Bill 1 is a breathtakingly terrible piece of legislation.
The bill, given first reading in the Alberta Legislature on Tuesday, is called the Critical Infrastructure Defence Act.
Just for starters, in case you missed it, Bill 1 appears to be intended to make protest illegal and criminalize dissent, although its conveniently timed justification allows the government to claim it’s merely designed to stop things like railway blockades, which are already illegal.
The bill’s drafters sashay blithely into federal jurisdiction — which includes railway infrastructure and the Criminal Code. The intent, obviously, is to try to create uniquely Albertan and creatively unconstitutional criminal offences — offences that take direct aim at free speech.
Its scope is astonishingly broad. The government can define pretty well anything it wants as “critical infrastructure.” This includes, any “thoroughfare, street, road, trail, avenue, parkway, driveway, viaduct, lane, alley, square . . . or other place or any part of any of them, whether publicly or privately owned, that the public is ordinarily entitled or permitted to use for the passage or parking of vehicles.” Even sidewalks!
Don’t just take my word for it. Consider the comment yesterday by Simon Renouf, Q.C., a regular reader of this blog and one of Alberta’s leading lawyers.
“It’s almost certainly unconstitutional,” Mr. Renouf wrote. “I for one, among many defence lawyers, look forward to attacking this bill in court.”
“The government’s advisors have presumably told them this legislative attempt to invade federal jurisdiction and quash dissent is unconstitutional, therefore illegal,” he added. “Yet the government moves ahead. What happened to the ‘rule of law’”?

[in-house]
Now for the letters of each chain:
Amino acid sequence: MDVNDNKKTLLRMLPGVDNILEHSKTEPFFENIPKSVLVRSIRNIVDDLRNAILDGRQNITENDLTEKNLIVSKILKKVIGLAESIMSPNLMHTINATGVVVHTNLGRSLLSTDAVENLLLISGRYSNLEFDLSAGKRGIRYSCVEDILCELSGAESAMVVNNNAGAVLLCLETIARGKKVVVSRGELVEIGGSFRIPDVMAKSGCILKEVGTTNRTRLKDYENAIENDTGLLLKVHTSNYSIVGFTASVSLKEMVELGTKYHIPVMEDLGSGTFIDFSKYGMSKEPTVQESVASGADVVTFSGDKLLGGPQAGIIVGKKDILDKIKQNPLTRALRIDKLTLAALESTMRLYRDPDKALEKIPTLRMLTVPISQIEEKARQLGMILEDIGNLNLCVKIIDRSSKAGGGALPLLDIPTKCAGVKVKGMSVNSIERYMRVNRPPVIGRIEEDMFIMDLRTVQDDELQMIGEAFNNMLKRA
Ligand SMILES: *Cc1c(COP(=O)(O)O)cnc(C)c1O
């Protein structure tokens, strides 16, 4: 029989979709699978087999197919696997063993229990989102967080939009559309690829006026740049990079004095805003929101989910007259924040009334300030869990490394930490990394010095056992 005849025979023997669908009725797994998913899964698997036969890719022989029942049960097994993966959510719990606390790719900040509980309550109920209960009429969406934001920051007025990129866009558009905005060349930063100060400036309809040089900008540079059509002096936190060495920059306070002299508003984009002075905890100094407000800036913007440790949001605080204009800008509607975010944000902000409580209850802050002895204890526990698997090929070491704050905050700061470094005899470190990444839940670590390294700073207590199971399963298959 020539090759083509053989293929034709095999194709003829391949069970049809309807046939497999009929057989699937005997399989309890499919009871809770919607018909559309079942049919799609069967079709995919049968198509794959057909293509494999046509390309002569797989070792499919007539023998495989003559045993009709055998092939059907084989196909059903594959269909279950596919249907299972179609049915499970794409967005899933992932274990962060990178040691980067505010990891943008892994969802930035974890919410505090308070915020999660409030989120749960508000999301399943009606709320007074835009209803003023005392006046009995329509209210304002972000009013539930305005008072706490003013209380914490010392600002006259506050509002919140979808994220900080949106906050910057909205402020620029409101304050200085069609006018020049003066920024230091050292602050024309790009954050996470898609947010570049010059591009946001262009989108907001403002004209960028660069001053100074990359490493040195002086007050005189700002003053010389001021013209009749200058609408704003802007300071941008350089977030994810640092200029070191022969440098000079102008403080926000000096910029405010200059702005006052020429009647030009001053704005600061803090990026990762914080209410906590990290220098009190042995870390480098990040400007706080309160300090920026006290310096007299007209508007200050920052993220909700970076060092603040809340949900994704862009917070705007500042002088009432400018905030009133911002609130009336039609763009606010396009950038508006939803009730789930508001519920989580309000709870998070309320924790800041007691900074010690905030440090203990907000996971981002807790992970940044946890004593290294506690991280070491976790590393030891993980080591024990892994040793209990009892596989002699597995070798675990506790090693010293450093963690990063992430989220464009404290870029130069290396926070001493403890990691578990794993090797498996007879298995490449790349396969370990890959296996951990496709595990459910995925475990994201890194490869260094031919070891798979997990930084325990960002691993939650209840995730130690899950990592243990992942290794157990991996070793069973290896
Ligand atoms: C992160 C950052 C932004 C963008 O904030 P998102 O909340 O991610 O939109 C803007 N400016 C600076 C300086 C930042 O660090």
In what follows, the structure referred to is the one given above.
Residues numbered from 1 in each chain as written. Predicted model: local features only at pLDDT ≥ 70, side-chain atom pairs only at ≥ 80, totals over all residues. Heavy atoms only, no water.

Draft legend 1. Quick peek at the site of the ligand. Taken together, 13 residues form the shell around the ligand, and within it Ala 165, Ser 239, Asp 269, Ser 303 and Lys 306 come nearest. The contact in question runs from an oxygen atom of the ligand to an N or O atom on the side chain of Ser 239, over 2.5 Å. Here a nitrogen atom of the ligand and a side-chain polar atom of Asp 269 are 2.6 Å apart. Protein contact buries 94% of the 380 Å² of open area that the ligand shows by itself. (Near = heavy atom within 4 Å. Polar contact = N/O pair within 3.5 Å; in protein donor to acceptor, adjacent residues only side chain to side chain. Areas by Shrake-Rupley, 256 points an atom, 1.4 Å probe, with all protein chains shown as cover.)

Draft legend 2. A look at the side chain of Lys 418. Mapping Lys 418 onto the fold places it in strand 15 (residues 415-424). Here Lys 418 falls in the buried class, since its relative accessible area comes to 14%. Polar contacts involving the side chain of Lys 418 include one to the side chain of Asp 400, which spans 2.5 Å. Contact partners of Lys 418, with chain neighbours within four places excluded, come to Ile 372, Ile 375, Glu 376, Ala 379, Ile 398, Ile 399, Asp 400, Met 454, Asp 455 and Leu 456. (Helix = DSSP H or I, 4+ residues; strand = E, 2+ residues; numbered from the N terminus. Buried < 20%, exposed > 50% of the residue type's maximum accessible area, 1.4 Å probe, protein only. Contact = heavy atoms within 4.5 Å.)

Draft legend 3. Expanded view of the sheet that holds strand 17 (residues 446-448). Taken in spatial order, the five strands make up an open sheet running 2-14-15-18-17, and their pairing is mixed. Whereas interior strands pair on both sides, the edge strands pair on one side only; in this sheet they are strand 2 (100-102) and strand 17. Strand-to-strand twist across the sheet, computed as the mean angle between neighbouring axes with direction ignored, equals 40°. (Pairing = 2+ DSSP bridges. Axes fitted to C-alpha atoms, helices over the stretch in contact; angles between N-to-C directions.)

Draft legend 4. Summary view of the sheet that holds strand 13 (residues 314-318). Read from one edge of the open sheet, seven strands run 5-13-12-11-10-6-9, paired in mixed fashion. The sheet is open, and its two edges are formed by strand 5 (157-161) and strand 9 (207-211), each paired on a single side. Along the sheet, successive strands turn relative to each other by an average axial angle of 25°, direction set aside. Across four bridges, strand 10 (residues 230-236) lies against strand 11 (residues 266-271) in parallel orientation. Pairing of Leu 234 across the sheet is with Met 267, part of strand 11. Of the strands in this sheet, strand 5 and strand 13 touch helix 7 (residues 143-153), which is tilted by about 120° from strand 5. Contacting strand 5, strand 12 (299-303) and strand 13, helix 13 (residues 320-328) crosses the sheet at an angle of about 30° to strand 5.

He continued: “I’m sorry, but streets, squares and sidewalks? Is this a police state?”
Sad to say, that’s now a legitimate question.
Bill 1 is unconstitutional in a way that shows deep contempt for the whole concept of the rule of law, which is ironic if not surprising given the way this government and Canadian Conservatives in general are always prattling on about the rule of law when someone is doing something they don’t like. And not just Conservatives, sad to say.
Consider the claims by both Alberta’s former New Democratic Party government and Mr. Kenney’s UCP gang that elected officials in British Columbia were somehow ignoring the rule of law because they wanted to go to court to stop the Trans Mountain Pipeline Expansion. You can argue that they shouldn’t have done that. You can argue that they were going to lose, as they ultimately did. You could argue that they were wasting their taxpayers’ money and the court’s time. But you certainly could not argue they were abusing the rule of law!
Of course, when Conservatives in particular use that phrase, they really mean: “You have to do it our way. You just do! Now shut up!”
And if you won’t? Well, then Bill 1 is for you! We’ll snap our fingers and say the sidewalk in front of the fish and chip shop near your protest is critical infrastructure, go home or we’ll fine you $25,000 or lock you up in jail for six months. Well, this is a slippery-slope argument, which is said to be in bad odour among lawyers and judges — unless they happen to sit on the Alberta Court of Appeal.